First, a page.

Advani’s invocation of the distinguished socialist and Gandhian leader Jai Prakash Narayan was not altruistic. As a result of JP movement, Indira Gandhi’s monopoly on power was smashed. Advani and Atal Behar Vajpayee of Jana Sangh (BJP’s precursor) were in the nation’s first coalition government in 1977 under Prime Minister Morarji Desai. Centre of gravity of Indian politics shifted from Left of Centre to Right. The trigger was the JP movement.

When Anna Hazare, also a strict, austere Gandhian, like JP, launched his anti corruption movement last year and the media gave it enormous space, a search began for the movement’s political beneficiaries. Some whispered: hadn’t Advani asked for another JP movement?

The people, particularly a swami or two, who began to appear on the Anna stage were, in form and feature, more “BJP” than any other party on show. This BJP tilt must have caused others in Anna’s proximity to steer clear of an identity they were averse to.

India against Corruption functionaries are quite open that Kiran Bedi was navigating Anna towards the BJP. It would therefore follow that Arvind Kejriwal and Prashant Bhushan, the ones who charted a different course, that of gradually setting up a political party of their own at some stage, must be seen as a force wary of the BJP, particularly after the duet hurled a boulder in the Nitin Gadkari pond! Their vision of a decentralized, people’s government, right upto the village level may require some work on the constitution. Is the village democratic? Is corruption really a top-down phenomenon? IAC think tanks are mulling over these isues.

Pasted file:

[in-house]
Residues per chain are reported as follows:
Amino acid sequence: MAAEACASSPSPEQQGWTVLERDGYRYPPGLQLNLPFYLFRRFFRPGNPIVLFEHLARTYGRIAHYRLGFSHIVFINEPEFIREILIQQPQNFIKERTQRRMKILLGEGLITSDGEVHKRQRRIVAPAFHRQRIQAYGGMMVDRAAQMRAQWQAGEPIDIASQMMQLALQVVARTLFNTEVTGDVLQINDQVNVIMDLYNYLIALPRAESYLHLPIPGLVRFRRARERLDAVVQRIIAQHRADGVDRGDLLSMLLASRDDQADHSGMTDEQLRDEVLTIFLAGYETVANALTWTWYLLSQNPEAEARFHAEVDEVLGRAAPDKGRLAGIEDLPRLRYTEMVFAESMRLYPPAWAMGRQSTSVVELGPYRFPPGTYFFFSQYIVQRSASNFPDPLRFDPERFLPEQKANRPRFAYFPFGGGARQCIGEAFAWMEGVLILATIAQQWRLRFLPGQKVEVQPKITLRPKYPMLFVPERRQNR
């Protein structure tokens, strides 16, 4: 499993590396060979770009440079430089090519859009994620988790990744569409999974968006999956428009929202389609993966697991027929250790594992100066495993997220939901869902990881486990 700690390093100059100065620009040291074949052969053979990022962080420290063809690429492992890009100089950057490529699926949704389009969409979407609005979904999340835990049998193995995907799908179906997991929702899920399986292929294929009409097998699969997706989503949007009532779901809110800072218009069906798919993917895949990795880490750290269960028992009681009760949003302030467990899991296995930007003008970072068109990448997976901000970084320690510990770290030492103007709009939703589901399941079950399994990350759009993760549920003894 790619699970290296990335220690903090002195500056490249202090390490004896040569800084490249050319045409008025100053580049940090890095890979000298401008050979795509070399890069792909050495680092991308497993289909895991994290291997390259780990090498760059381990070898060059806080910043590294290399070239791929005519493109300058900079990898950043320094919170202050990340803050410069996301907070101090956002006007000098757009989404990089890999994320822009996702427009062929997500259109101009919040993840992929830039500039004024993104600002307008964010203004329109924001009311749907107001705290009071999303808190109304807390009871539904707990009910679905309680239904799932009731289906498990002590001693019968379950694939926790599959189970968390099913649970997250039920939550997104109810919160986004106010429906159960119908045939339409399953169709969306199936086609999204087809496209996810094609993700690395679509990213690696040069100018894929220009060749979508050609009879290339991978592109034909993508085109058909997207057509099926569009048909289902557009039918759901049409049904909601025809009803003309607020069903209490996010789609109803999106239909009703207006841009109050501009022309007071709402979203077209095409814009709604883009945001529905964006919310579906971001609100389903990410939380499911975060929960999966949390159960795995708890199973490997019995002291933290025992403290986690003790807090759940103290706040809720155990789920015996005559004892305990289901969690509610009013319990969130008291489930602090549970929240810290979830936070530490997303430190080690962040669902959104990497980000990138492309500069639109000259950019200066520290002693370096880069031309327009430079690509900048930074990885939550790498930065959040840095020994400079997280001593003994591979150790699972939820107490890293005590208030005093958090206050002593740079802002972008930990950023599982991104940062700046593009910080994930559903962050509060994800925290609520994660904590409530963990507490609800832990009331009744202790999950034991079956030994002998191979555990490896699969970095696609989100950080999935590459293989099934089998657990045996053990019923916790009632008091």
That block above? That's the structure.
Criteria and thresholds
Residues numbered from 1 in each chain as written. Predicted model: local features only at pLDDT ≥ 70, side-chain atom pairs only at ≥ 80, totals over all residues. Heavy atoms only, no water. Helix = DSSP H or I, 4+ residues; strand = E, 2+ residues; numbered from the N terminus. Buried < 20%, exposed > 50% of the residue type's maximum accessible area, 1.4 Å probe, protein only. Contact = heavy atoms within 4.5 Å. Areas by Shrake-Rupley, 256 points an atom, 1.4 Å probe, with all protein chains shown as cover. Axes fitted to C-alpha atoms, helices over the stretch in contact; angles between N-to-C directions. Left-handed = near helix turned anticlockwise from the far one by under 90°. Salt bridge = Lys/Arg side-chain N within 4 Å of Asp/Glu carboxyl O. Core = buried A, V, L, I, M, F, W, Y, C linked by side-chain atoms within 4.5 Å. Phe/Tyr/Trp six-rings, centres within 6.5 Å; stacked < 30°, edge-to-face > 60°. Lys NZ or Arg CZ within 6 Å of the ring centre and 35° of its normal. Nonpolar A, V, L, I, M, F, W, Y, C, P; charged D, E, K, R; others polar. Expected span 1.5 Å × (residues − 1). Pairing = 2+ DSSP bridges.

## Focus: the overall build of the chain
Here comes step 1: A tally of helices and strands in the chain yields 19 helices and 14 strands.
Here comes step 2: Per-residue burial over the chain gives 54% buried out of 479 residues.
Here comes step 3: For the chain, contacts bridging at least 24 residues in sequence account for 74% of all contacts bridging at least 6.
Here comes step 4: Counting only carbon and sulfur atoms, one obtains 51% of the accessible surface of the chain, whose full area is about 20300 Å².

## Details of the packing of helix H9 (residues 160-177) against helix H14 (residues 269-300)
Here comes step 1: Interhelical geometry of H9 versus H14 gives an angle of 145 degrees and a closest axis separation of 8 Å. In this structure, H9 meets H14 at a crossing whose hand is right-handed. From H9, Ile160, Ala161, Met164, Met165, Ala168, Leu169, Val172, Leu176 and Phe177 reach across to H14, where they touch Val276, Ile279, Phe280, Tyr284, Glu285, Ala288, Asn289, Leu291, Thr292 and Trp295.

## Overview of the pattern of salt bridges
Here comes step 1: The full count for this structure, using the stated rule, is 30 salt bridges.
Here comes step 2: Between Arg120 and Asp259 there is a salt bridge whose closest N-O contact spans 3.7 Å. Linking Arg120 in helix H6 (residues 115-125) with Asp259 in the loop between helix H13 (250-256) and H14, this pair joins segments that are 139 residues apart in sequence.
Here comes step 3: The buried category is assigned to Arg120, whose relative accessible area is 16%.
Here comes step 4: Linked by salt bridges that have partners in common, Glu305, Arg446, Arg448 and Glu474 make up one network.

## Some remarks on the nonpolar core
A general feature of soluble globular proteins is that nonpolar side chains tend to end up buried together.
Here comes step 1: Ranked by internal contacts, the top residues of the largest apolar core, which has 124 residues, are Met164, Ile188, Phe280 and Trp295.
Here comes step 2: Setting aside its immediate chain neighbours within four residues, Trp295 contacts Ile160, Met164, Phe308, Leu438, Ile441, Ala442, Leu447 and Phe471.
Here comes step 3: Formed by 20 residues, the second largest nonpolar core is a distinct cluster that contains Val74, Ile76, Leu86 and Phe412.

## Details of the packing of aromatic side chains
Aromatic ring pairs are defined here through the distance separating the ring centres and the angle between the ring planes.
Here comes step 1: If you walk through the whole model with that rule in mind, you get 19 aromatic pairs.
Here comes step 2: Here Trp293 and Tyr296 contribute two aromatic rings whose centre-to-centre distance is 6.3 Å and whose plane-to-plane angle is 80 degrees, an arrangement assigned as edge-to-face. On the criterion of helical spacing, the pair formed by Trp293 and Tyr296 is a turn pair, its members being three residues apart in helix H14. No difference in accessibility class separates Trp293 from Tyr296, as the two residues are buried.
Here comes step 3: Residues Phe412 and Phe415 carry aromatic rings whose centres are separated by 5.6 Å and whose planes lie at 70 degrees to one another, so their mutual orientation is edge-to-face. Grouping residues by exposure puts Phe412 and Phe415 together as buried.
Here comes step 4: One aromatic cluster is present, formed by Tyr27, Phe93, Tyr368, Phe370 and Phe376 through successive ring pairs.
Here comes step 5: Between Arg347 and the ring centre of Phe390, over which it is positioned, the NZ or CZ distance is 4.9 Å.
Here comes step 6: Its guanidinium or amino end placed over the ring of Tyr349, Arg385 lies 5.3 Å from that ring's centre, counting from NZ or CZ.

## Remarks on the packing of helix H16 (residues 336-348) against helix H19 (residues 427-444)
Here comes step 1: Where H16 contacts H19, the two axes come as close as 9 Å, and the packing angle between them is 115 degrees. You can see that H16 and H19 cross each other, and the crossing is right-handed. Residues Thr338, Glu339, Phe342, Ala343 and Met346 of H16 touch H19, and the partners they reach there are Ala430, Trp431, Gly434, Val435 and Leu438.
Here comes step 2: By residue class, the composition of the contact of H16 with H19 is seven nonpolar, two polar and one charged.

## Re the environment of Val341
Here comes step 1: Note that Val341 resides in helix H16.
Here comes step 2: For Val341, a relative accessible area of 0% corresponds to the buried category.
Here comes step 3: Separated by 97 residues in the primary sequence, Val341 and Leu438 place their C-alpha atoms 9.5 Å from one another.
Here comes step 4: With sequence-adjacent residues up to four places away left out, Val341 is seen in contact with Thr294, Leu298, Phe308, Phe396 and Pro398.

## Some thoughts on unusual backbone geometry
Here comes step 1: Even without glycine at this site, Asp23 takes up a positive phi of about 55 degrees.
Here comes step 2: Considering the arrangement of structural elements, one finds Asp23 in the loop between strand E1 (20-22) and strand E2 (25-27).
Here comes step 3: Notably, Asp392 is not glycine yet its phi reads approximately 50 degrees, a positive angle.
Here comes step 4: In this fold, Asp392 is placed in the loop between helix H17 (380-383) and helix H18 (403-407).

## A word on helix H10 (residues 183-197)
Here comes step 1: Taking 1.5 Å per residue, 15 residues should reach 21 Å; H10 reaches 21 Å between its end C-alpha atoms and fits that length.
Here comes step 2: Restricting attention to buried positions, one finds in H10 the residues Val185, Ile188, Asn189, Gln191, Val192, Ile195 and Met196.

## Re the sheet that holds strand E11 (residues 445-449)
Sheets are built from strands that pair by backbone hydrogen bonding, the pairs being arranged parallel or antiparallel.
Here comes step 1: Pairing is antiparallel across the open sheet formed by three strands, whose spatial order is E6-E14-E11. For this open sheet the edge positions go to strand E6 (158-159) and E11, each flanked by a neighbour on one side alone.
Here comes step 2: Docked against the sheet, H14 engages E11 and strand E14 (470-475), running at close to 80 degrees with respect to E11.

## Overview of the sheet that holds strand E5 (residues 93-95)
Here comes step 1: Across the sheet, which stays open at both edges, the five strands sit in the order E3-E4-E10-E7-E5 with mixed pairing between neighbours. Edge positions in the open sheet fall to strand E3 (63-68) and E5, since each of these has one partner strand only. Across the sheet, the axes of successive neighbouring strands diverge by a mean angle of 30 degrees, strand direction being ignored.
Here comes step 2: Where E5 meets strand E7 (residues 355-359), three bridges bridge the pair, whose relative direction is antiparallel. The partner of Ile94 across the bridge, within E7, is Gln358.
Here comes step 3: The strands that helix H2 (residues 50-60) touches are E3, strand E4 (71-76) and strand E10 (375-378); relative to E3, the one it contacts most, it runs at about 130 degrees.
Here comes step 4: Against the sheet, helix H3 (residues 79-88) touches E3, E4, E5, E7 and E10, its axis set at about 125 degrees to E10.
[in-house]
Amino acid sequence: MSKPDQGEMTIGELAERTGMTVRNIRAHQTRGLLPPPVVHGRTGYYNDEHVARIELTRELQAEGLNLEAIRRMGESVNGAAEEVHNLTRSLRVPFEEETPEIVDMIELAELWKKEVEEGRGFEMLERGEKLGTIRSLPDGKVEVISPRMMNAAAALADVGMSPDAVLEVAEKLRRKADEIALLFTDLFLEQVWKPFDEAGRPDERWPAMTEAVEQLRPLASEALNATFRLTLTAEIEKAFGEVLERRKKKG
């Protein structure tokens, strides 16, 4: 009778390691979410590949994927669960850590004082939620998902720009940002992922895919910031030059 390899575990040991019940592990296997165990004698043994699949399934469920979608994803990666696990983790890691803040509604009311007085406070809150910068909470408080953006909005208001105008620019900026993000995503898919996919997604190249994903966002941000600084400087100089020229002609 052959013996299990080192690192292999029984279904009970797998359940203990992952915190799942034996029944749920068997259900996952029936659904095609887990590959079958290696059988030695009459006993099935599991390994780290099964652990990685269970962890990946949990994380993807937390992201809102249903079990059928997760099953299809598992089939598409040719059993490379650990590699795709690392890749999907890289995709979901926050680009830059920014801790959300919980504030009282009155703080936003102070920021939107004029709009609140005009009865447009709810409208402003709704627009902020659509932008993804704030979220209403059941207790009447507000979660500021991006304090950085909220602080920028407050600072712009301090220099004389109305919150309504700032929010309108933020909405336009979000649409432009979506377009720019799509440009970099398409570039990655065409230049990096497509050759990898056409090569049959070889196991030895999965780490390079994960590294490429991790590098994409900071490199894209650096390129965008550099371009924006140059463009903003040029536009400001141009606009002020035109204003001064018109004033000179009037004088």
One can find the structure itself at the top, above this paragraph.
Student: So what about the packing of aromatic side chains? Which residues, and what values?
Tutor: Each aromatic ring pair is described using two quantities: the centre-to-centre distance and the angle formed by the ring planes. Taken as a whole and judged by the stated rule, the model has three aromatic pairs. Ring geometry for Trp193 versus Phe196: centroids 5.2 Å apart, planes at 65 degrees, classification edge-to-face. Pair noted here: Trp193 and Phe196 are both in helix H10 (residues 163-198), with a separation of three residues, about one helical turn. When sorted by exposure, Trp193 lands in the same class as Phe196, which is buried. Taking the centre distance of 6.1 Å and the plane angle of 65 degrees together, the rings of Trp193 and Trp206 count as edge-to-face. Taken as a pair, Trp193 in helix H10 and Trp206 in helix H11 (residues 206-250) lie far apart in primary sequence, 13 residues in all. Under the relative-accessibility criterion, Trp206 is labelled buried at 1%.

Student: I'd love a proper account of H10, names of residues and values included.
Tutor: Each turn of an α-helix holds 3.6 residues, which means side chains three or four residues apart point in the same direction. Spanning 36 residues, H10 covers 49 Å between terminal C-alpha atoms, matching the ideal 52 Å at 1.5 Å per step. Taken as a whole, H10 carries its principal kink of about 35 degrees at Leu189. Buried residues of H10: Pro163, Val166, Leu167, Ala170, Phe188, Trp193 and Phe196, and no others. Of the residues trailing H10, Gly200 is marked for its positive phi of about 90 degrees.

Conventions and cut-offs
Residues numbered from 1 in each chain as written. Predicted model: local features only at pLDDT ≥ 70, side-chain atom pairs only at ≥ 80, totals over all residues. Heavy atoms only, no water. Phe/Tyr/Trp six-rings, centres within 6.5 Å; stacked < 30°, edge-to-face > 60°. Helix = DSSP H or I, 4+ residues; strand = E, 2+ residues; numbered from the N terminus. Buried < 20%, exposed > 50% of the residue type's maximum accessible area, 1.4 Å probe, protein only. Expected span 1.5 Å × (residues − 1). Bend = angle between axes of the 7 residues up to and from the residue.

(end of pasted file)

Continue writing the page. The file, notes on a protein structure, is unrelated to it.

As for the Congress, some of its leaders are having nightmares at the demolition work the IAC has already done. The expose of Robert Vadra’s land deals has rattled not only the family but the Gandhi Durbar. Heaven knows which missile is going to sting them where?

Ofcourse there are skeptics of diverse hues, some so startled at the rapidity with on which one scandal has followed another, that they can only think of a dark conspiracy whose beginning or end they are unable to spot. One diligent journalist has thrust under my nose a speech World Bank President Paul Wolfowitz made in 2006 denouncing corruption as “one of the biggest threats to development in many countries” including India. To draw attention to Wolfowitz’s anti corruption speech at this juncture implies that the IAC, according to this journalist, is somehow tainted by a World Bank agenda!

If this, indeed, were true, how does one explain thoroughbred Communists in muted admiration of Kejriwal?

Where the left front stands vis-à-vis IAC’s future political plans may not be altogether irrelevant in the emerging framework. The Left, meanwhile, is busy putting its own house in order.